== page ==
Tag Archives: support group

Spotlight: Valarie Hutchison, Support Group Leader, Green Bay/NE Wisconsin

Recently we interviewed Valarie Hutchison, one of our support group leaders! She talks about the benefits of joining a group, advice for patients and finding inspiration. She invites you to get involved if you are in the Green Bay/NE Wisconsin area. If you are interested in joining this support group or learning more, contact Valarie at hutchresource@gmail.com.

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SF: Why did you decide to lead a support group?

VH: The former leader, who was terrific, had some big changes in her life which included a move so it looked like the group would disband.  Even though I had only been diagnosed with scleroderma for about a year, I couldn’t let that happen.  When this disease was first mentioned to me as a possibility, I began to do my own research and I was terrified.  Like a lot of people, I didn’t find knowledgeable doctors locally. I did find this local support group and reluctantly went to my first meeting. I walked in to find two women who educated me, guided me and gave me their opinion that I had scleroderma (which was later confirmed at the Mayo Clinic).  At last, the chaos in my mind was quieted, and I could move forward to get a diagnosis and start treatment.

SF: When and where does your group meet?

VH: Our group meets in a lovely room with a beautiful view at the Bellin Family Health and Wellness Center at 3263 Eaton Rd. in Bellevue WI, 54311.  We meet the second Wednesday of every month from 1:00PM to 3:00PM.

SF: What do you look forward to the most in being involved with this group?

VH: The most gratifying thing for me is the newcomer to the group who is looking for the understanding that only someone who has scleroderma can give. The emphasis of our group is supporting each other and giving each other what we need. It is very free form.

SF: Aside from the support group, what resources would you recommend for patients and caregivers in your area?

VH: I always recommend the Scleroderma Foundation and Inspire.com for the discussion boards.  Both are good resources. If you don’t have your own computer, you can use one at the library, and they have people who can help you navigate the internet if you’re not a tech geek.

SF: How do you find inspiration?

VH: There are days that the fatigue and pain get the best of me.  I have Common Variable Immune Deficiency (CVID), a primary immune deficiency and, for the last two years, Scleroderma. Brought with the scleroderma was the standard Raynaud’s with the deluxe package: autoimmune thyroiditis, Sjogren’s, and, just recently, Addison’s disease.  I’m fortunate because I live alone (with my dog, Stewie) so there is grass to cut and snow to blow and everything that taking care of a home entails.  If I had someone else to do those things for me, I would not be as well as I am. I would certainly not be as mobile because I have tendon friction rubs in most of my joints.  I can be a whiner at times, but since there’s no one here to listen I have to pull up my socks and do what needs to be done.

SF: Can you tell us a few interesting facts about yourself?

VH: I’m a mother. I have two sons that are the reason I’m in Green Bay, WI.  They’re great people- the kind of people I’d want to know even if we weren’t related- and then two grandsons.  I never feel so un-selfconscious as when I’m with those kids.  They cheer me up, make me feel better no matter what.

I worked in the mortgage industry for 20 years before it became so greedy.  I felt good about helping people by putting them in the loan product back then it was quite gratifying and I miss that.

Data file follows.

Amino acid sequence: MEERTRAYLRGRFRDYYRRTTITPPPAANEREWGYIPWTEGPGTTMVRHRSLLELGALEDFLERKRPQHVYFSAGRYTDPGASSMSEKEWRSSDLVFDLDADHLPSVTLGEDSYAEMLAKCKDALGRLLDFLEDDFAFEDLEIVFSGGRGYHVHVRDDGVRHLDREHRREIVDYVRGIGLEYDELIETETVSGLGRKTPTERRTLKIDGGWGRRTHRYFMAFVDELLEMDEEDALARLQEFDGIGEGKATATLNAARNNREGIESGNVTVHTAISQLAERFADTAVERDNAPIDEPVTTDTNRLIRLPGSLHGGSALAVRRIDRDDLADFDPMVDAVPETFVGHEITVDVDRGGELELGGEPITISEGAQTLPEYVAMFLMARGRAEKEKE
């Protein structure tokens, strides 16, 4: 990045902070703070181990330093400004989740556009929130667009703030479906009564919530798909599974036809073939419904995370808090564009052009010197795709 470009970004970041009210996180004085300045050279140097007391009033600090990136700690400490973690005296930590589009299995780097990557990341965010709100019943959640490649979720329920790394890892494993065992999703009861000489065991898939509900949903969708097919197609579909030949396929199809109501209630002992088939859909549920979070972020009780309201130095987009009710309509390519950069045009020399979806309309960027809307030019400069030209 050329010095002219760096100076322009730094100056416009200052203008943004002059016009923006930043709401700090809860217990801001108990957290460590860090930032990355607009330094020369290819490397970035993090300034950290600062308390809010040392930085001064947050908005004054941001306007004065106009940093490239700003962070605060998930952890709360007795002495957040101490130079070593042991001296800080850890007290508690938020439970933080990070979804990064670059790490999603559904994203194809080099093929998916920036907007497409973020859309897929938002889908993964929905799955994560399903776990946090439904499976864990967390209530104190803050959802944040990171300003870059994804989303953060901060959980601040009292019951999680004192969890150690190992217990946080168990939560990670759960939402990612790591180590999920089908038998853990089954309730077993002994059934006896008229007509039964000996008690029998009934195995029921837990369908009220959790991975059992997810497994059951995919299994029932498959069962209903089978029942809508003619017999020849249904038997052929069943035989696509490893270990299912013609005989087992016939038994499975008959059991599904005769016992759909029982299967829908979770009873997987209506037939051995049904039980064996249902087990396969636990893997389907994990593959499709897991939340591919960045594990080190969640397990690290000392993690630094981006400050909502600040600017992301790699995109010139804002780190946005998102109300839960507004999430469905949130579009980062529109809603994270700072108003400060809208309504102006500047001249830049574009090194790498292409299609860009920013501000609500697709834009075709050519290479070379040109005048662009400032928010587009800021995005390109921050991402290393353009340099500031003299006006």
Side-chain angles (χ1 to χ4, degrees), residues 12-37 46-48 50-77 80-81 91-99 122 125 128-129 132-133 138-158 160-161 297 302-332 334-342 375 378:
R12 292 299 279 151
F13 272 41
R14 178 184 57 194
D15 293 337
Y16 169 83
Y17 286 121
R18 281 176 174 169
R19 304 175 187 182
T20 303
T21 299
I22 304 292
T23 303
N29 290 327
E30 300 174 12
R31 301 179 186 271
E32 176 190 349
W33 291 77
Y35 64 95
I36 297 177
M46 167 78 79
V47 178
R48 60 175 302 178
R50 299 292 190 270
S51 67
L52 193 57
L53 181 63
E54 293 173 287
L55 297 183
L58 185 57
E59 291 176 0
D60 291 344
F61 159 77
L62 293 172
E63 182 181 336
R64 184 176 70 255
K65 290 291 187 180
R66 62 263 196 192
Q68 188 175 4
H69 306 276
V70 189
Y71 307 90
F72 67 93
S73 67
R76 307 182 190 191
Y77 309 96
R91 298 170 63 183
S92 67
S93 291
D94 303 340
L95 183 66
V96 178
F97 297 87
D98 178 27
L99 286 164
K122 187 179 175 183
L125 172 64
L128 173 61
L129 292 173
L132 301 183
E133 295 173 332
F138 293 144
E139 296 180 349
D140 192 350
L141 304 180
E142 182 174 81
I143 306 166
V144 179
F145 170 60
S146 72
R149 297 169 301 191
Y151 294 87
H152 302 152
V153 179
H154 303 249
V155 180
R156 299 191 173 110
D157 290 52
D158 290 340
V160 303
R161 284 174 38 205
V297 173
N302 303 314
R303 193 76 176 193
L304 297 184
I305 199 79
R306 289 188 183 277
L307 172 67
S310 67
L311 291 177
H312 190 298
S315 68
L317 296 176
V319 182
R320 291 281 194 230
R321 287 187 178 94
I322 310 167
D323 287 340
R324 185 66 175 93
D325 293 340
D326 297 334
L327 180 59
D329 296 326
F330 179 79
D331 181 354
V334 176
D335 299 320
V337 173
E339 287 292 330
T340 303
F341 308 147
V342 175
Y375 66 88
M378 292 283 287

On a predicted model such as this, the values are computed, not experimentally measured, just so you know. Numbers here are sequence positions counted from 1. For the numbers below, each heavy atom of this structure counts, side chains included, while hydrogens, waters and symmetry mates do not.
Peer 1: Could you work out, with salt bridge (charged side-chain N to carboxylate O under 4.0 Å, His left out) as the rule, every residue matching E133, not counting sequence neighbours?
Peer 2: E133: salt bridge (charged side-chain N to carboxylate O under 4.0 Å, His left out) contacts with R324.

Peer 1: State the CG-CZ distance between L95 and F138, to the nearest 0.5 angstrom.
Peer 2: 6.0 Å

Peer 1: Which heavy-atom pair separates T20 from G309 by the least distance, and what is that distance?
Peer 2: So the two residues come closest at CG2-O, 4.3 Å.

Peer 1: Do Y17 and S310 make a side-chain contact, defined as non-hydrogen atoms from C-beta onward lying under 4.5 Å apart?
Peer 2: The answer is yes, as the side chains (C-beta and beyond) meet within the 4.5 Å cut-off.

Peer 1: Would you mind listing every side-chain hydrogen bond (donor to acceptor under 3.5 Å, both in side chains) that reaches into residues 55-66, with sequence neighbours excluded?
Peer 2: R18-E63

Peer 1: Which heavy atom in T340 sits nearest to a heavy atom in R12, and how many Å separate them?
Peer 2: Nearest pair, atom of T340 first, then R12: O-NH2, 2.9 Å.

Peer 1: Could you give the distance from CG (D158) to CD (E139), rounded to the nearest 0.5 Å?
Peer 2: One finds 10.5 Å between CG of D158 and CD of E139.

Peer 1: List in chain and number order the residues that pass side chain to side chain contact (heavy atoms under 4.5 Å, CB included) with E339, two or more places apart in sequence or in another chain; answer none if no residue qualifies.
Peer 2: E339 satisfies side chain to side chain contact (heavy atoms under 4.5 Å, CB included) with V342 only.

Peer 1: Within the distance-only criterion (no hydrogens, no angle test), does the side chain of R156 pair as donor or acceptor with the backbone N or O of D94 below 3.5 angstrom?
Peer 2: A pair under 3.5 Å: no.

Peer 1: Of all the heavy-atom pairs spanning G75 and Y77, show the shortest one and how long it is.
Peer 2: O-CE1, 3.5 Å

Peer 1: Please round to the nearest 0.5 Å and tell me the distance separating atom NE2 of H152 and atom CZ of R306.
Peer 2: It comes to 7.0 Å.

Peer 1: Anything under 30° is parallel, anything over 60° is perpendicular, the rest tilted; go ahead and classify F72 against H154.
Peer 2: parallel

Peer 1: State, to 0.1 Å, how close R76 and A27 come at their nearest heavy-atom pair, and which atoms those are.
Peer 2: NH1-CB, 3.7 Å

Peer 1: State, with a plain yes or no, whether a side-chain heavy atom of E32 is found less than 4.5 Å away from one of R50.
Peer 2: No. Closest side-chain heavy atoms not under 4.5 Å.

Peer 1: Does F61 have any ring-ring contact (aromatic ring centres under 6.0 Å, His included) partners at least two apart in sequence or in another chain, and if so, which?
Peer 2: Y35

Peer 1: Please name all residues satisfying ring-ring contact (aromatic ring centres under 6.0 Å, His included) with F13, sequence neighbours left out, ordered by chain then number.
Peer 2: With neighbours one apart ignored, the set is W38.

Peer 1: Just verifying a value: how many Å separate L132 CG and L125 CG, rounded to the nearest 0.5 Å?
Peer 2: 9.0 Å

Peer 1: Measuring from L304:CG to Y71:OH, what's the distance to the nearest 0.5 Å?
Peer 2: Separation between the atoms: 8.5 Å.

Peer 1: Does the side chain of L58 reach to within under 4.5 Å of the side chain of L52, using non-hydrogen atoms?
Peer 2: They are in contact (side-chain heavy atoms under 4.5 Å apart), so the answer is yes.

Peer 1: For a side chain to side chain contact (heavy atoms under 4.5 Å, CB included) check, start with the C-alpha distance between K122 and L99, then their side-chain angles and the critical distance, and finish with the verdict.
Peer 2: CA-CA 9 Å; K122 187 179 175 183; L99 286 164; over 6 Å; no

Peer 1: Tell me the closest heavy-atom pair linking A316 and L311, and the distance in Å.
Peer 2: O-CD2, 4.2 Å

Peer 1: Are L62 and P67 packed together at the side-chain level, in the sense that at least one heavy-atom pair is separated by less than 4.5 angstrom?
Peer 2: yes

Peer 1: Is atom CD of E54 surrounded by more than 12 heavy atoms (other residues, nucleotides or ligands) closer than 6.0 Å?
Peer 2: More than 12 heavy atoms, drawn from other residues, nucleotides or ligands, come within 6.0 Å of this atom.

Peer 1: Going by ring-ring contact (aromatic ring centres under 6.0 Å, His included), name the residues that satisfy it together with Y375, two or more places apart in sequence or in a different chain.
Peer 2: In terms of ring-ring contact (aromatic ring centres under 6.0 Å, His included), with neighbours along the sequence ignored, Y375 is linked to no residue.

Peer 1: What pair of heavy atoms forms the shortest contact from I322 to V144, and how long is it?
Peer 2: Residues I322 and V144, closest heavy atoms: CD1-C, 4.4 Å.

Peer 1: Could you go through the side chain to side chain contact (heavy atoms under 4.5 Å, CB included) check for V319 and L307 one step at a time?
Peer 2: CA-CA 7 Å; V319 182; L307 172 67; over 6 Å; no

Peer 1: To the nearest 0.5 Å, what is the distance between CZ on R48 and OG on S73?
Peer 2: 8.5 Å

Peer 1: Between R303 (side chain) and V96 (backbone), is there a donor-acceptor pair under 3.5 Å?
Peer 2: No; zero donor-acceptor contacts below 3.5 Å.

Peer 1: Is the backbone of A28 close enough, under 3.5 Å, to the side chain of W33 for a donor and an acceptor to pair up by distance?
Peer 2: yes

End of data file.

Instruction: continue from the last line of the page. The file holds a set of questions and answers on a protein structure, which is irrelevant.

I learned to surf when I was 55 and sailed the Atlantic as first mate on a 43 ft. catamaran when I was 57.

SF: Do you have any words of advice for other patients and caregivers?

VH: Educate yourself first and foremost.  Understand your disease and your test results.  Always, always get copies of test results, radiologist reports and discs of any MRIs or scans and keep them together for the continuation of your care.  Make sure that you understand them. Go to websites like John Hopkins or the Scleroderma Foundation to learn more.  Seek out a support group in your area so that you can talk to people who really understand.  If your doctor isn’t supportive and knowledgeable go to another.

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Spotlight: Britney Helm, Support Group Leader, Milwaukee

Recently we interviewed Britney Helm, one of our new support group leaders! She’s excited to be starting a group in Milwaukee, Wisconsin and invites you to get involved. If you are interested in joining this support group or learning more, contact Britney at brit12@gmail.com.

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SF: Why did you decide to start a support group?

BH: When I was diagnosed with Scleroderma, I researched online and found a lot of information. I had no one to help me deal with the emotional and physical part of the disease.  After being a member of another Scleroderma group, I realized that there is a need in the local area to help one another.

SF: When and where will your group meet?

BH: We meet every 3rd Saturday of the Month from 10am-12pm.
Location:  Froedert Hospital – 8700 W Watertown Plank Rd, Wauwatosa, WI 53226

–Community Conference Room 2 located in the Wisconsin Athletic Club building.  Enter building on the 87th Street side look for Community Conference Room entrance.

SF: What are you looking forward to the most in being involved with this group?

BH: The most important part of this group to me is to help others.  This disease is scary and is unknown throughout the community. Nothing is better than to have your fellow Scleroderma members coming together supporting each other.

SF: How do you intend to help or inspire others?

BH: I hope to encourage others that this disease can define a part of who you are, but it can’t take your joy.

SF: Can you tell us a few interesting facts about yourself?

BH:
I love to laugh.

I have hunted alligators in the Panamanian jungle